Iron Curtain Cover

Iron Curtain by Jolly Roger Games Review

Publisher: Jolly Roger Games

Game Designer: Asger Harding Granerud, Daniel Skjold Pedersen

Players: 2

Playing Time: 20-30 minutes

 

An iron curtain has descended across the continent

“From Stettin in the Baltic to Trieste in the Adriatic an “iron curtain” has descended across the continent. Behind that line lie all the capitals of the ancient states of Central and Eastern Europe. Warsaw, Berlin, Prague, Vienna, Budapest, Belgrade, Bucharest and Sofia; all these famous cities and the populations around them lie in what I must call the Soviet sphere, and all are subject, in one form or another, not only to Soviet influence but to a very high and in some cases increasing measure of control from Moscow.” – Sir Winston Churchill March 5, 1946

Condensed control

Thanks to the highly popular and long-lived masterpiece Twilight Struggle from GMT Games, the Cold War has been a hot topic for gamers to relive on their tabletops for more than a decade now. Designers Asger Harding Granerud and Daniel Skjold Pedersen have made their mark delving into this bit of history with a few games of their own these past two years. First, exploring the Cuban Missile Crisis in 13 Days, a title as tense as it is concise, before compressing that down even further with 13 Minutes. Now they’re taking a stab at a micro-macro view of the Cold War with Iron Curtain.

Unlike 13 Minutes, which uses a straight-up tug of war mechanism for control and scoring, Iron Curtain is purely about area-control. Handled by way of card and cube placement, from a hand of five cards over two rounds. This fast-playing game captures the heady feel of the aforementioned Twilight Struggle, without the weighty card and influence management, in about 20 minutes.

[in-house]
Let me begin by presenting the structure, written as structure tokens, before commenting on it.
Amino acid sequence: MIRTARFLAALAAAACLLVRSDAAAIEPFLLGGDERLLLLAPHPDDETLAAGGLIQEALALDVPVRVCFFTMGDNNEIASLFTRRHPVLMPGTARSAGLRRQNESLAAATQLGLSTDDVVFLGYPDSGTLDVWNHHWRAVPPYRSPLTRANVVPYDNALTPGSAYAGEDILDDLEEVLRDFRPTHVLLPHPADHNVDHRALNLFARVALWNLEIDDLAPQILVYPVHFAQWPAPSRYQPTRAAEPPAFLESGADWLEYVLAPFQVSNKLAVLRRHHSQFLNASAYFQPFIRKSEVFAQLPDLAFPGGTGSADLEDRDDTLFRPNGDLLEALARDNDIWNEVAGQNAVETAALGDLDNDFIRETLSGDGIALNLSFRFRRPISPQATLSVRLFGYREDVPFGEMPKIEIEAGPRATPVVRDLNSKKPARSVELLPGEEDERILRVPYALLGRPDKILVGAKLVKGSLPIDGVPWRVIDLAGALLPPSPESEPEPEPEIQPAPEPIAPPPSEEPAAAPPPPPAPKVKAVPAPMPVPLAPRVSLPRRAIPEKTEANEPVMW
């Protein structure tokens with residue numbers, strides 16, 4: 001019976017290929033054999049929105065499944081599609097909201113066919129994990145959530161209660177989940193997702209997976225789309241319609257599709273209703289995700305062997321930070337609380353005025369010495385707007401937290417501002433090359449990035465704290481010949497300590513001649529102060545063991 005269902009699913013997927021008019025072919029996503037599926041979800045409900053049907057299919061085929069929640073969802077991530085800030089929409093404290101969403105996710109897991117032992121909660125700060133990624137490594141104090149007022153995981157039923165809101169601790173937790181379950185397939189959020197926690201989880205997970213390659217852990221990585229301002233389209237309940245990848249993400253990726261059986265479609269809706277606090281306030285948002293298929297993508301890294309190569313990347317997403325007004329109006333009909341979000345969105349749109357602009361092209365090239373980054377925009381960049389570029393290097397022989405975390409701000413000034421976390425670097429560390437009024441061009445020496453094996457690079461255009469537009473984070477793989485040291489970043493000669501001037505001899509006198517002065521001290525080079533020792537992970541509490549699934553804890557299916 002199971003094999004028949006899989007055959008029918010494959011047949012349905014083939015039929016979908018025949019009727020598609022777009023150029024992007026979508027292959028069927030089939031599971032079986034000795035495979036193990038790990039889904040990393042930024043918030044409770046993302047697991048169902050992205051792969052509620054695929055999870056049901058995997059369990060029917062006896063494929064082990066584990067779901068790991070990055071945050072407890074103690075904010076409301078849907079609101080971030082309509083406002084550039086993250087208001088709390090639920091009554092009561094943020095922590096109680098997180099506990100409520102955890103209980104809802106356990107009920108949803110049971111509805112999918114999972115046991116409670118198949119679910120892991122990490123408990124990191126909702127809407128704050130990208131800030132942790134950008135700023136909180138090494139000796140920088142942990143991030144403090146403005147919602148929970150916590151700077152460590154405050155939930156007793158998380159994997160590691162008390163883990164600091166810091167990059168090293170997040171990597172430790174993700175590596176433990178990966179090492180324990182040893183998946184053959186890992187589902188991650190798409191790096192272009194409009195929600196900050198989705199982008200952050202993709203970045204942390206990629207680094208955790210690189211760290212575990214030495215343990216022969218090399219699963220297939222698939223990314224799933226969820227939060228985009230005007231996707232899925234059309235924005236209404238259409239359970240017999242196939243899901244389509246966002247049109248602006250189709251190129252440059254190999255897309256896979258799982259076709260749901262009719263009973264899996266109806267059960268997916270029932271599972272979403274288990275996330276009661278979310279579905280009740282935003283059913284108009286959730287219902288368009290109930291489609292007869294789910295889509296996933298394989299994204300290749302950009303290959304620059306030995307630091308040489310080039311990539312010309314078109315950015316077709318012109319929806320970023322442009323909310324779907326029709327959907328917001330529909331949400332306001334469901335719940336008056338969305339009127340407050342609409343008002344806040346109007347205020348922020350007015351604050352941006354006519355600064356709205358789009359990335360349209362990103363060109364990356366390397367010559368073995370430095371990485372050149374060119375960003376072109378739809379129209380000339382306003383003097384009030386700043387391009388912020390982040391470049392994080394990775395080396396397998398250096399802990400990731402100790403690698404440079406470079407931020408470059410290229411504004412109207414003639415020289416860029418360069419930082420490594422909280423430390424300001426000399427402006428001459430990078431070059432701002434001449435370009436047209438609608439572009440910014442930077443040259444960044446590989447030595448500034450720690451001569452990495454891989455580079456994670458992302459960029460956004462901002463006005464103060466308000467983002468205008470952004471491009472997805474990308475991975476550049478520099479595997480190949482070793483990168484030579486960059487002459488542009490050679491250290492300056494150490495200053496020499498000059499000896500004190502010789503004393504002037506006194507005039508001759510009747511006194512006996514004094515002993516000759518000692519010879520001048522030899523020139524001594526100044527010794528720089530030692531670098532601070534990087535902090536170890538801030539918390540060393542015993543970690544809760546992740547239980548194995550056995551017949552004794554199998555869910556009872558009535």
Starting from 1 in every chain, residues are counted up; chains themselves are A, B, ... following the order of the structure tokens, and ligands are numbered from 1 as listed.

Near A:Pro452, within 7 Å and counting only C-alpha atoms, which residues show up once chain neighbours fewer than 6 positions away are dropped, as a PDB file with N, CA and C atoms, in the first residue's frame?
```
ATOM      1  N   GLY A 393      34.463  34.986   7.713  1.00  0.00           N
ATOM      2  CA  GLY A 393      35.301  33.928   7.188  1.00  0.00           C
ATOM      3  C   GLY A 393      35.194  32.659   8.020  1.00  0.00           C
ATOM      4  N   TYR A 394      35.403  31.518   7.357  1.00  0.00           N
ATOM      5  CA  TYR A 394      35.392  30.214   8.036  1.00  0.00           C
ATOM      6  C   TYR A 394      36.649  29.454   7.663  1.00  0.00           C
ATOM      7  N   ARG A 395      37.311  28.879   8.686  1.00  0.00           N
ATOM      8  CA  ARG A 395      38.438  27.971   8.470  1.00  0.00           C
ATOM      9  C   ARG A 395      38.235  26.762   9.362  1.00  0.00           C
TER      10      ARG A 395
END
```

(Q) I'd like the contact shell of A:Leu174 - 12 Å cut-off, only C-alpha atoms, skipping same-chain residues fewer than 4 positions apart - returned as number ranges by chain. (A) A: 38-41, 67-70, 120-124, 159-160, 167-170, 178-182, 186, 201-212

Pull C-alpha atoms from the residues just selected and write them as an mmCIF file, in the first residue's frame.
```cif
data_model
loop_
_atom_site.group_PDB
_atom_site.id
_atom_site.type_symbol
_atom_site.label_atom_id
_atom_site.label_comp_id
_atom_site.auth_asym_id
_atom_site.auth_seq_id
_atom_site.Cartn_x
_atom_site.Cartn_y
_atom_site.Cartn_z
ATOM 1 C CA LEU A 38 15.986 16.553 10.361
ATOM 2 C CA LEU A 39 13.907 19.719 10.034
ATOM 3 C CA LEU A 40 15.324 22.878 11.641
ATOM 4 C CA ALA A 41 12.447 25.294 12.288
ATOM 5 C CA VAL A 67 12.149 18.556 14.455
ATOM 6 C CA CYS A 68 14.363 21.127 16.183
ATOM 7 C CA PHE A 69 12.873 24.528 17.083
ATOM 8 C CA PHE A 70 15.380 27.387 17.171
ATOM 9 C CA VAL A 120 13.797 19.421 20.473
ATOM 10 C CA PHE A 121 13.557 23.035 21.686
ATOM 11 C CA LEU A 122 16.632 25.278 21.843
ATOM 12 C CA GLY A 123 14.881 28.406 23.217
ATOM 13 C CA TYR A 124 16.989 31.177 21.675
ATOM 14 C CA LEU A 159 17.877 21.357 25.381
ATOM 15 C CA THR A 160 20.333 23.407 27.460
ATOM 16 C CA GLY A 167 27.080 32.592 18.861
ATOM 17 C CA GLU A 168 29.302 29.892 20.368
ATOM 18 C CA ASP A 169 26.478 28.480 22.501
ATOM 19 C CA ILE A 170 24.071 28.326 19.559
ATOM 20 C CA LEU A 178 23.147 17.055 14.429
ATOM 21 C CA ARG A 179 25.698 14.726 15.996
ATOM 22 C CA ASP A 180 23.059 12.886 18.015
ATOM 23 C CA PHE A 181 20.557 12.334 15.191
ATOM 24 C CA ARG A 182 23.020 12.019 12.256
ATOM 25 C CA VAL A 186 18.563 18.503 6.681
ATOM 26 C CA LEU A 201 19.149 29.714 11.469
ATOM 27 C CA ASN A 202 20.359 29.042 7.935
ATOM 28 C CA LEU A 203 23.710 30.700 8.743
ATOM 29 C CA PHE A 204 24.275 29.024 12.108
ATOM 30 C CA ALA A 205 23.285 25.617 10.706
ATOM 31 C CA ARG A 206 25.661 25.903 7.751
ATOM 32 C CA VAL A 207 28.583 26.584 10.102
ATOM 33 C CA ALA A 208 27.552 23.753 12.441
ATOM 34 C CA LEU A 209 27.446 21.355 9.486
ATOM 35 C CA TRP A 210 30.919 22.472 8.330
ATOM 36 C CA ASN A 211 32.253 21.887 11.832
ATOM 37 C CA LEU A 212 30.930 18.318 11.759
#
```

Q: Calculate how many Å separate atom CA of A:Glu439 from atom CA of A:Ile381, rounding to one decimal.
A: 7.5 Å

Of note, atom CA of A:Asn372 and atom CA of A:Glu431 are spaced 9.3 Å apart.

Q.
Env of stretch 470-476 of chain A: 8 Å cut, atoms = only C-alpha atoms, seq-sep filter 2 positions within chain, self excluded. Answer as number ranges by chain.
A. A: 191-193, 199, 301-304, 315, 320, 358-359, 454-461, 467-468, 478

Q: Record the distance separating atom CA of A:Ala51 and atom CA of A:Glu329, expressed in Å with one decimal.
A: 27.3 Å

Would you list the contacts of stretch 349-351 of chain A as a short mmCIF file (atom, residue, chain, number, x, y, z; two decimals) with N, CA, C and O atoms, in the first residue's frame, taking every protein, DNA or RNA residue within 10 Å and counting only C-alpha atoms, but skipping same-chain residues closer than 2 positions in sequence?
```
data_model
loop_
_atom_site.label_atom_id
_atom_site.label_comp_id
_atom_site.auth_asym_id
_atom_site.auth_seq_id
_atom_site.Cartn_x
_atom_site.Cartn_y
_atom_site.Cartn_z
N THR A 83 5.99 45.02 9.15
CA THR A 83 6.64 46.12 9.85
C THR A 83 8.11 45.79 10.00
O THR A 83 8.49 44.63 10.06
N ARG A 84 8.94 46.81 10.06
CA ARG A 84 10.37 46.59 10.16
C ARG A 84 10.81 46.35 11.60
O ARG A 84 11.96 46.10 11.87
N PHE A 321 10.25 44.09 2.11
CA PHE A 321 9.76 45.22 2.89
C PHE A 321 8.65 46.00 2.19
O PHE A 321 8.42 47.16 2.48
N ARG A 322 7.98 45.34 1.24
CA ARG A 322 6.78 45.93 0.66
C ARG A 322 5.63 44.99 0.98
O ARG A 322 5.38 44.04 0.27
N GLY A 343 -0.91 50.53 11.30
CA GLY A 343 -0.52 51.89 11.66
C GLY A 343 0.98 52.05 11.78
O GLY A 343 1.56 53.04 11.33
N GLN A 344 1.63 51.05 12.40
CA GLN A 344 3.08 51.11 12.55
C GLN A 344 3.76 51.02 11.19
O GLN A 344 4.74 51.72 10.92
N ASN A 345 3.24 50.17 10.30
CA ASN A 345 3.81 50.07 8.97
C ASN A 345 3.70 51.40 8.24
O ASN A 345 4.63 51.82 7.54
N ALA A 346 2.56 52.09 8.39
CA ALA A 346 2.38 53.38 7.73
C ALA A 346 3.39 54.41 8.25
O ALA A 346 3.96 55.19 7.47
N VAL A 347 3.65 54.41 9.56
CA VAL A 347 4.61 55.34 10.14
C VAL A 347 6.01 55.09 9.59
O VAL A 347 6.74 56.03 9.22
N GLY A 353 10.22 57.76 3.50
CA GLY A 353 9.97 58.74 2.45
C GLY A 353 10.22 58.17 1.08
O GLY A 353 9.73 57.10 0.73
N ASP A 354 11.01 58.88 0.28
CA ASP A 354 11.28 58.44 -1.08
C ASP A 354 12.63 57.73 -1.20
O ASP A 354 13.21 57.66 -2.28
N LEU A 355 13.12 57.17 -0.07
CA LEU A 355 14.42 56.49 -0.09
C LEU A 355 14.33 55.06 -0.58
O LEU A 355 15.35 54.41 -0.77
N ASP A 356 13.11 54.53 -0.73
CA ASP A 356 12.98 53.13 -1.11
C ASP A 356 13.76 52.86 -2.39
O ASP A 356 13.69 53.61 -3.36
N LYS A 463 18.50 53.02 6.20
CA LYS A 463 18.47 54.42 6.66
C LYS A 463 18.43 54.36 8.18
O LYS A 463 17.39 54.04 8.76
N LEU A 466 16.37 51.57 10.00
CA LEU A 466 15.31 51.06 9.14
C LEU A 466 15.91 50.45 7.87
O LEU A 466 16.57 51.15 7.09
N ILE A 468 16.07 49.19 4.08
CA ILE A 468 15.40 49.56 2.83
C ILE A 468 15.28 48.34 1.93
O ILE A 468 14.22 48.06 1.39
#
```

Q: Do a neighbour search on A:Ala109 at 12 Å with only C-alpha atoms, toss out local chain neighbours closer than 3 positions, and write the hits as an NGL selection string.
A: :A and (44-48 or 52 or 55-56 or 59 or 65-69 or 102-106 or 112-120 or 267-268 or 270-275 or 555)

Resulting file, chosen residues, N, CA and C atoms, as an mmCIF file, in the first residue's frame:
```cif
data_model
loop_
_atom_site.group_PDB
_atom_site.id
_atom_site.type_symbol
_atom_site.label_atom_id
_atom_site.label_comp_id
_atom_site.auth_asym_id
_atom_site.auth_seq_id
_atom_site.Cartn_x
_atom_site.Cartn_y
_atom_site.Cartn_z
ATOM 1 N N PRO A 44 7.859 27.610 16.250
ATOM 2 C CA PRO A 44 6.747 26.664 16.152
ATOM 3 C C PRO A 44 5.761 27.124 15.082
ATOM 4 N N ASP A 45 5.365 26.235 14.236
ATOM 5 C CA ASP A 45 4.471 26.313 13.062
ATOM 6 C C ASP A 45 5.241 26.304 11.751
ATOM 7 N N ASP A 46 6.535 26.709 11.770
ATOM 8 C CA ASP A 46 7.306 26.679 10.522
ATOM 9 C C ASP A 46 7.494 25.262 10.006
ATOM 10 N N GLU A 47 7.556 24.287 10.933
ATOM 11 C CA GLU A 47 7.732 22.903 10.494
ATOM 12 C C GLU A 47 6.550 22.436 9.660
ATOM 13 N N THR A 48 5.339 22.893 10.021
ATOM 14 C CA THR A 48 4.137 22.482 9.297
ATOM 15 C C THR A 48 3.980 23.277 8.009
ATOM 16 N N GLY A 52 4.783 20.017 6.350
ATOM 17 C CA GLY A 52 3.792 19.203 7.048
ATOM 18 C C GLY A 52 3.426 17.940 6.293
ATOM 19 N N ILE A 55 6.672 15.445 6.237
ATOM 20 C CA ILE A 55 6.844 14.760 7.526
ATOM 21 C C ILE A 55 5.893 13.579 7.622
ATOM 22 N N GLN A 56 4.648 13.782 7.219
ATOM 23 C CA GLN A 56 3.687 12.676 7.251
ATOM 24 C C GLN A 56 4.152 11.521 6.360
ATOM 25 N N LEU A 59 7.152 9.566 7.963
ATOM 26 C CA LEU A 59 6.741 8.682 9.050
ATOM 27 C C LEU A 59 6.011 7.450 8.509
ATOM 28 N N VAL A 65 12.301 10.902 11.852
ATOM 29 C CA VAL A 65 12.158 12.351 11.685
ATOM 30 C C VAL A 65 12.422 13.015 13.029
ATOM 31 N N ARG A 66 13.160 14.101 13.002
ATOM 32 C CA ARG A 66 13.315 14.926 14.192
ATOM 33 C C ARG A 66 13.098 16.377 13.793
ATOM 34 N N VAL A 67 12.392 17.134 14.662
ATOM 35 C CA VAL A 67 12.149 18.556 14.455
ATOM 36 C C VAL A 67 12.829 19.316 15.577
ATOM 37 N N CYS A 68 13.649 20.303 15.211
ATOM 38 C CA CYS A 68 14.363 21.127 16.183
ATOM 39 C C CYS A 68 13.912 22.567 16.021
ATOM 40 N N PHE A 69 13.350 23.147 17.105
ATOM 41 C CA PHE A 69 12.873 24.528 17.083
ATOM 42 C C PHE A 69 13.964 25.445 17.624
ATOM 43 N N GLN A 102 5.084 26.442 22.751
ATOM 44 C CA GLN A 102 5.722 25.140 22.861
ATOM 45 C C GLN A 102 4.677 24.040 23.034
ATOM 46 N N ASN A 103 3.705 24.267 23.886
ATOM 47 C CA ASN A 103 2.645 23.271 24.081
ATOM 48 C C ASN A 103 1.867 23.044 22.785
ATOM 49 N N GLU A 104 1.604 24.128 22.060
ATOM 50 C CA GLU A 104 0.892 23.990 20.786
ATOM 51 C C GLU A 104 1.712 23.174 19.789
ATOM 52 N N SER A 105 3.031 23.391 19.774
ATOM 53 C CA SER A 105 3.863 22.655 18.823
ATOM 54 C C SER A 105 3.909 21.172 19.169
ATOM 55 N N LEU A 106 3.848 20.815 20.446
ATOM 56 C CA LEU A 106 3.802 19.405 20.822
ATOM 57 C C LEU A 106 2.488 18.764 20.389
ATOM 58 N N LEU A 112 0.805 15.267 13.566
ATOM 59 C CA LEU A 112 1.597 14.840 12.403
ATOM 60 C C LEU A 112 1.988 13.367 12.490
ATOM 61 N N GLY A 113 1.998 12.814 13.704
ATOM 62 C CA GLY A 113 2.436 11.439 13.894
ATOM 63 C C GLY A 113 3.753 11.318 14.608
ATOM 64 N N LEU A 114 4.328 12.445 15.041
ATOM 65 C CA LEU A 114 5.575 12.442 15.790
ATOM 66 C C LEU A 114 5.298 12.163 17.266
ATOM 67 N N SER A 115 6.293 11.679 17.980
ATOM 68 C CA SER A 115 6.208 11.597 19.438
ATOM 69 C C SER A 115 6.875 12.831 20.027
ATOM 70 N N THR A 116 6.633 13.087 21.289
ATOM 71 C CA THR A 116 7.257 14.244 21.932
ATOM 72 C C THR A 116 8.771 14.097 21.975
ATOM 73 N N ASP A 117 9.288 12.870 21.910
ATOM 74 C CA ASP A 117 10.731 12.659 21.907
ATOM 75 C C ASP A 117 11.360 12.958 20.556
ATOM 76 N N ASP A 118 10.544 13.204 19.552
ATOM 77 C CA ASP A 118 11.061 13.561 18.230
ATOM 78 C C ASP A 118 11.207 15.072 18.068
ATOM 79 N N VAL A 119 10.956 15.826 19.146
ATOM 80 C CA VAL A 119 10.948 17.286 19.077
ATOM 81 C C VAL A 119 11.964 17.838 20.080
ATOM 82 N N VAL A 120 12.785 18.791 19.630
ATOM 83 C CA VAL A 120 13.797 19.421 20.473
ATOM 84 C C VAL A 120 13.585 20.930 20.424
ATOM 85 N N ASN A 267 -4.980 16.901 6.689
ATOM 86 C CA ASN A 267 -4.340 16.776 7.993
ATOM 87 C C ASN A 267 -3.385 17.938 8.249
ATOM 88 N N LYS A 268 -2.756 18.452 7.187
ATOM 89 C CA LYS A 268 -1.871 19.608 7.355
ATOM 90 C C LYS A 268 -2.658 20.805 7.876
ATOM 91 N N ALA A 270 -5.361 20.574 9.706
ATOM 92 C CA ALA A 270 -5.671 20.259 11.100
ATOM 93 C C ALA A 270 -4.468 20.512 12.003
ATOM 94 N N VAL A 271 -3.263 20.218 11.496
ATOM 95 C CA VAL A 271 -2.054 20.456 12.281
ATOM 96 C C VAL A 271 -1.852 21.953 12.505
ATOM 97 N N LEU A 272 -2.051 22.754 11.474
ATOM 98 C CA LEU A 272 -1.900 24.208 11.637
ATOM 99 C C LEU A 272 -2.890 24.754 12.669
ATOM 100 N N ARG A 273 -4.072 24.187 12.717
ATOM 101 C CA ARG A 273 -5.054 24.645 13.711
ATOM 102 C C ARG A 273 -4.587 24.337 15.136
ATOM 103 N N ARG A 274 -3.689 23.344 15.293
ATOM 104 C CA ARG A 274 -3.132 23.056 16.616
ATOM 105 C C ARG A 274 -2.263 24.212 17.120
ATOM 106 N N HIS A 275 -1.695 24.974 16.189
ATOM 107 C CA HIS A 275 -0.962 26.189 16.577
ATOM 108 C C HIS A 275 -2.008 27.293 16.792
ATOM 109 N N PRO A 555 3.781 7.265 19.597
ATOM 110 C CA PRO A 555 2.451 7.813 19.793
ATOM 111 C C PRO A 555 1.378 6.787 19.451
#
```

Iron Curtain Cards

The goal of the game is to be the first to reach your maximum influence of eight points within two rounds of play. Failing that, the highest score wins. Players begin with a hand of five cards, and a single influence cube on the Europe start card, the hub from which the spokes of the regional cards will emanate. There are six different regions; Europe, Middle East, Asia, Africa, South and Central America.

During the first turn, players will only play four cards from their hand of five, holding the last one over for the scoring phase at the end of the game. The cards represent regions of the world, and each has both a command value and event. The command value indicates how many cubes that you may place in regions you already have influence in, and those adjacent. Events allow movement or removal of cubes, award ideology points, and in the case of the Iran card, moving one card and its influence cubes to another location.

Iron Curtain Hand
Play cards smartly from your hand

Once all cards of a region are placed, that region is scored immediately. Control of countries in a region is determined by having two more influence cubes than your opponent. Just as in Twilight Struggle, you must pay one extra influence to place a single cube into a country in which your opponent has control.